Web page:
Meaning getting a degree in one occupation, doesn’t mean will result in the same pay as getting a degree in another. I agree with Owen and Sawhill up to this point but if everyone saw this as their number one priority, then it could possibly bring up a major issue. A lot of college students currently choose their majors based off what they feel will give them the most money in the future. This not only results in them stuck with an occupation they highly dislike but a lot of the times they are not good at it.
For example, it takes an intense amount of hard work in order to become a doctor owever, many students that don’t have an interest in the sciences nor have the academic ability to pursue this occupation are still choosing this field. The focus of an college education completely shifts as a result because what used to be an open window for new experiences and learning whatever students want, has become something students only look for because they know it will earn them money. Instead, if these students that may be not academically prepared to choose such an intense occupation chose what they truly desire, then it would make them much more successful in the future.
These views of Owen and Sawhill are addressed in Sanford J. Ungar’s essay as well. In his essay, “The New Liberal Arts”, Sanford J. Ungar supports the liberal arts by explaining common misperceptions that the liberal arts education typically receives. Ungar mentions that people start questioning the relevance of a liberal arts education when they are struggling economically. He demonstrates the various misconceptions of liberal arts people have, for example he claims that liberal arts degrees are not only exclusive to the wealthy.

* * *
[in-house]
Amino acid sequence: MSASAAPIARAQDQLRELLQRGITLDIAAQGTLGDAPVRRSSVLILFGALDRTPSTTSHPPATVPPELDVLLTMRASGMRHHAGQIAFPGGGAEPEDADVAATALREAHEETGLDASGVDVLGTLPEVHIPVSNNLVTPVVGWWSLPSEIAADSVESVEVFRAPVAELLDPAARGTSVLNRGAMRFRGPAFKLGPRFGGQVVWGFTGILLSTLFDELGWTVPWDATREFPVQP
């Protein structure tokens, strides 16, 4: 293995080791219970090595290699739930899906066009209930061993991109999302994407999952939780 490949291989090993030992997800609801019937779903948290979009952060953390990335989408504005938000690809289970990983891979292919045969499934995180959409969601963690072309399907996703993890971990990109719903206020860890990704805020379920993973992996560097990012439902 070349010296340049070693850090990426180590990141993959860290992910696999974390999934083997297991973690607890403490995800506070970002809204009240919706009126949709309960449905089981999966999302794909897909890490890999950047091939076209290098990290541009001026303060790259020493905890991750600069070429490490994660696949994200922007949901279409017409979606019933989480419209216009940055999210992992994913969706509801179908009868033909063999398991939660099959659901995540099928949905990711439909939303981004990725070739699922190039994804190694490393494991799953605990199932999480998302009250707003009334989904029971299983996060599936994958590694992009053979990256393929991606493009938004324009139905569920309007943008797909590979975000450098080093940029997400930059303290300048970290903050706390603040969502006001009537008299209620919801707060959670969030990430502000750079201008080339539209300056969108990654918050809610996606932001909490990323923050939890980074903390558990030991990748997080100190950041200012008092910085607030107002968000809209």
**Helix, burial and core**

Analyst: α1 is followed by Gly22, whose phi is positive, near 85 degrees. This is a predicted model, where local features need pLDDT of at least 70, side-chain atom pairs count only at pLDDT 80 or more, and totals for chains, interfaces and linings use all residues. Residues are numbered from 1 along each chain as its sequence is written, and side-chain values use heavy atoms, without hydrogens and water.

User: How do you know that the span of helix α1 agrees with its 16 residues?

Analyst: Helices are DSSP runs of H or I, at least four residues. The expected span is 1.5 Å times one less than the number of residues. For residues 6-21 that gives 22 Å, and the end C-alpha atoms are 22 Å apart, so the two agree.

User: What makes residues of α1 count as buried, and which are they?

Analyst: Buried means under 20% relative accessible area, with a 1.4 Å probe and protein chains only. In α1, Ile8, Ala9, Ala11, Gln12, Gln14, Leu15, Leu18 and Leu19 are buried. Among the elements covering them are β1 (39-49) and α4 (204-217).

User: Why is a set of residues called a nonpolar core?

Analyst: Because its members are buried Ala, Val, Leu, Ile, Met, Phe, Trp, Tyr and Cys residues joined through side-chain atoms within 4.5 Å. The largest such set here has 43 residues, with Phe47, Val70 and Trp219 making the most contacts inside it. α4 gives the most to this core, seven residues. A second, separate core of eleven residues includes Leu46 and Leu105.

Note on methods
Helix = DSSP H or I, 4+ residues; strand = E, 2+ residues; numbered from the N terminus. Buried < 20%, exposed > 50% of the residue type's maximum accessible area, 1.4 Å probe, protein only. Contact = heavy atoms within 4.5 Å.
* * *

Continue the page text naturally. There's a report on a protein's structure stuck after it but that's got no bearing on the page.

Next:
While many families are struggling financially, one way to turn that around in the future is through a liberal arts degree. Ungar admits that due to the government’s tremendous lack of spending on the system of education, many people feel as if they cannot afford college. While college can cost a fortune, Ungar believes that it is worth it for every individual to go through because as a result students will be able to live on their own and life will be easier now that they have skills that higher education provided them.
Ungar’s message is that college’s purpose isn’t only to earn a degree but it is much more than that. “Through immersion in liberal arts, students learn not just to make a living, but also to live a life rich in values and character” (Ungar 232). To reiterate, Ungar is saying that the skills that college gives students are skills that are not only useful in their careers but also the rest of their lives. Ungar addresses a misconception that Stephanie Owen and Isabel Sawhill tend to have when he continues to stand by his argument that although college is expensive, it is worth it for everyone.
While Owen and Sawhill argue that college may not be worth it for some people who cannot afford it, Ungar says that college should not be exclusive to anyone. I agree with Ungar’s points regarding his argument that college’s purpose is more than just to gain a degree and that there is much more value to it. The experience is what makes college worth it for everyone. That being said, it shouldn’t be exclusive to those who can afford it and those who are academically capable. College is a place where it can make students who are not academically prepared, to students that are prepared because of the many resources that it provides.